Judge Glenda Hatchett

Judge Glenda Hatchett

There are sessions focused on risk taking, leadership, entrepreneurship, professionalism, inter-generational communications, work/life integration and stress management. The first year I attended, I attended entirely sessions about leadership. This year I spread things around a little more and attended a session on risk taking, a session on stress management/health for productivity, and a session on happiness. I learned so much that I can’t adequately summarize it all at once, but I did a fairly good job of capturing the best takeaways on twitter:

Linda Cliatt-Wayman being honored for her amazing work at Strawberry Mansion High School

Linda Cliatt-Wayman being honored for her amazing work at Strawberry Mansion High School


  • Having more women in senior leadership positions matters. @SallieKrawcheck
  • If it comes down to your ethics versus your job, you can always find another job. @SallieKrawcheck (she was such an amazing speaker. Getting my application in to join @85Pittsburgh is on my short to-do list)
  • If my gut fails me, I ask the woman I want to be what she would do, and she always leads me to the right answer. @SallieKrawcheck
  • Women are overmentored and undersponsored. There is a difference. @SallieKrawcheck.
  • There is no such thing as failure, it’s warming up for success. @JudgeGHatchett
  • When you get to the pages in life’s book that are torn, you can’t give up.  You have to write your own story of hope.  @JudgeGHatchett
  • Know what you are talking about, and interrupt.  @Madeleine
  • There’s a special place in hell for women who don’t help each other. @Madeleine
  • Women need to be politically and economically empowered, because it makes their socieites more stable. @Madeleine

HillaryRodhamClinton

  • If you are overwhelmed by options, don’t try to sort through all the possibilities. Throw together a prototype and get some feedback and go from there.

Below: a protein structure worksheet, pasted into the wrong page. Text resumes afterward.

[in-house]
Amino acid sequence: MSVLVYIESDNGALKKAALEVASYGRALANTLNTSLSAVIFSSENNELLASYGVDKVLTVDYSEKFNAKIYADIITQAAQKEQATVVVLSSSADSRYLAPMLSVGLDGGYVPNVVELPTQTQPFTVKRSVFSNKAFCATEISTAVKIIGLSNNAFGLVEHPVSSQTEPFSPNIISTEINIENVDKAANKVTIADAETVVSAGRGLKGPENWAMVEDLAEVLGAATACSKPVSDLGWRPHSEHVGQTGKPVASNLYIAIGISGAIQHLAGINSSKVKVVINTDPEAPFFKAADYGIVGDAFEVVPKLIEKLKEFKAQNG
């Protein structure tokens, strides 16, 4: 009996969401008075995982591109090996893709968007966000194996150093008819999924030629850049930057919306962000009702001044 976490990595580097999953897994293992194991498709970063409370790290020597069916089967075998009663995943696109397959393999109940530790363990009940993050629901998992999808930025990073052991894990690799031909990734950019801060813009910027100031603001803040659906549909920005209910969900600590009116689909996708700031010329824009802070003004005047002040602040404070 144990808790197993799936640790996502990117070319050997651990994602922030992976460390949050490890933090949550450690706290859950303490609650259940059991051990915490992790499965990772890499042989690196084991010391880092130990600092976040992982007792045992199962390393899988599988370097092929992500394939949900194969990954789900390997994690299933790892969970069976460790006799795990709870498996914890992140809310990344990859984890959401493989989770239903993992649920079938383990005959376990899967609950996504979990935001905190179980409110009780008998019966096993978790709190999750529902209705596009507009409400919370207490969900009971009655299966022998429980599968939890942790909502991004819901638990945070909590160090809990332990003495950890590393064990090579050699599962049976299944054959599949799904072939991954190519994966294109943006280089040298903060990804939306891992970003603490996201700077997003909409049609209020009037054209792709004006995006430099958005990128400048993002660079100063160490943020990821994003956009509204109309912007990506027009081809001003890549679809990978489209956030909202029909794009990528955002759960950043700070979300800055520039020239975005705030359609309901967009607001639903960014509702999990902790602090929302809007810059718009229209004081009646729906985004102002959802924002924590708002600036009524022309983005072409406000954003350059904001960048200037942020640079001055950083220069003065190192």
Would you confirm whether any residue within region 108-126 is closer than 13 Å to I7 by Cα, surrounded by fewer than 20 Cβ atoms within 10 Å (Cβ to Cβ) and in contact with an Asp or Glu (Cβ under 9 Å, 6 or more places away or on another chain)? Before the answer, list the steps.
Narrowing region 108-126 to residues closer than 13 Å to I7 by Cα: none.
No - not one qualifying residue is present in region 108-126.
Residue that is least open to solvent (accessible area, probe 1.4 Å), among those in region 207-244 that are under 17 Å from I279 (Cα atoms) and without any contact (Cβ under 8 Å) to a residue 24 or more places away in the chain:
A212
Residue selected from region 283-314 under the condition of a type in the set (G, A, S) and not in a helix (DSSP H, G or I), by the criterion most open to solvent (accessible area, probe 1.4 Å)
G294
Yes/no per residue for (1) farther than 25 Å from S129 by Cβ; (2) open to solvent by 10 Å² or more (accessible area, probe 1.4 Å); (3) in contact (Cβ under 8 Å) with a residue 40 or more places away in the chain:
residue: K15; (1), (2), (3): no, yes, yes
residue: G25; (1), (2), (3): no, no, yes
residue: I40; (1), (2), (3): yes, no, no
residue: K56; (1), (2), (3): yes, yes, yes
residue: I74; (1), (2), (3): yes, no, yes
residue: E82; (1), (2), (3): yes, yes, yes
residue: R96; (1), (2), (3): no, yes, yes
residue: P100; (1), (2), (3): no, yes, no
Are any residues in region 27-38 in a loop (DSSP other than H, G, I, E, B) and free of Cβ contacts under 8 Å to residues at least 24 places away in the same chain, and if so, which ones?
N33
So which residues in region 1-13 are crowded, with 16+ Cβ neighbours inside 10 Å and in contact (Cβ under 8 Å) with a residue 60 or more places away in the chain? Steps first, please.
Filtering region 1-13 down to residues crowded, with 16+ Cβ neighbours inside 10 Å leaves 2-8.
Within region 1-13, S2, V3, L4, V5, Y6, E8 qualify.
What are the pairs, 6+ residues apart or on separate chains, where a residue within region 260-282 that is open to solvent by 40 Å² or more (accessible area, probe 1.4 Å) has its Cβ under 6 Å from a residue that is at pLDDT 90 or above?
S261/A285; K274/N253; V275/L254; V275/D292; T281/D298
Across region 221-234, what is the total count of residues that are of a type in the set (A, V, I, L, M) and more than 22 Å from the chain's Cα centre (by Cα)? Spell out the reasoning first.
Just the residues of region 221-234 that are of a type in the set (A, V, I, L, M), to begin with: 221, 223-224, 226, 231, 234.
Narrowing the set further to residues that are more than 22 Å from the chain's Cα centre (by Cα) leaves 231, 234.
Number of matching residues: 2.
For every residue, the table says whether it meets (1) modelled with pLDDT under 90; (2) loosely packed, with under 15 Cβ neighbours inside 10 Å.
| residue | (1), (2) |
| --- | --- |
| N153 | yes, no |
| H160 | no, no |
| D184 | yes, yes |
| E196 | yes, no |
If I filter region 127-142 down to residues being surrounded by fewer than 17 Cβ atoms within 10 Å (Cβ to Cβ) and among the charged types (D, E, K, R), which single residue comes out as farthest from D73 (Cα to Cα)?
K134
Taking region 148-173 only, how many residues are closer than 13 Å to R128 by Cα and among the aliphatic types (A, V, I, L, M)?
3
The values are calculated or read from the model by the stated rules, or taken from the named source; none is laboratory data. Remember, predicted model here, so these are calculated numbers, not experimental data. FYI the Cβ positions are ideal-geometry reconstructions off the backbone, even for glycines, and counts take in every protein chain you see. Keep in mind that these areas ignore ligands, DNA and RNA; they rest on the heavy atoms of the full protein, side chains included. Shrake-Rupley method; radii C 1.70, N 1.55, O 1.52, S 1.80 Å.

• List your negotiables and nonnegotiables. When a potential risk/opportunity presents itself, check your lists, and the answer will crystallize.
  • Keep your authentic voice, when you have that, people will want to work with you. Stay with your integrity.
  • When you get bad news, you get 24 hours of self pity. Use it well. Then move forward.
  • If you suspect you made a bad decision, trust your instincts, don’t burn any bridges, and move on.
  • Happiness is a habit, and it needs practice.

KathyKinneyWhere have you found inspiration recently?

1

Autumn Activities and Stubborn Like a Mule

Autumn Activities and Stubborn Like a Mule

Baby Beez and I had quite the weekend.  Sadly, Mr. Beez also had a lot of separate activities going on, so I feel like I haven’t seen my husband for ages.  And we’ve got a busy week, so it’s going to be a few more days until I see him again. It’s a good thing we’ve managed to fit in a couple of date nights in the previous couple weeks. Because Husbaaaand, where are you?

So this weekend Baby Beez and I lived up the weekend activities. We started things off by visiting Zoo Boo at the Pittsburgh Zoo with our pals Sandy and Elena.  We have gone the last couple years as well, but this is the first year that Baby Beez was big enough to really enjoy it.  Her favorite animal at the zoo is the shark, and we did get to see a few sharks, so she was very pleased.  Also this outing to the zoo involved candy, and she was able to show off her newly learned “Trick or treat! Smell my feet!. . .” Of which she was very proud. (I plead guilty to that one).

Princesses

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Today we continued with the Halloween festivities with a visit to Trax Farms with more friends.  This too was an ideal outing, because Baby Beez is now big enough to really have fun.  Things were temporarily derailed for a few minutes when Baby Beez got the HANGRY but then I filled her with granola bars and it was all good. Baby Beez is infamous for begging to ride a pony and then we stand in a big stupid long line for the pony, and then when we finally get up to the stupid pony Baby Beez decides she is stupid scared and won’t get on the stupid pony.  This year however was SUCCESS and she climbed upon the gentle beast, Tonto, and was very proud to take a little ride.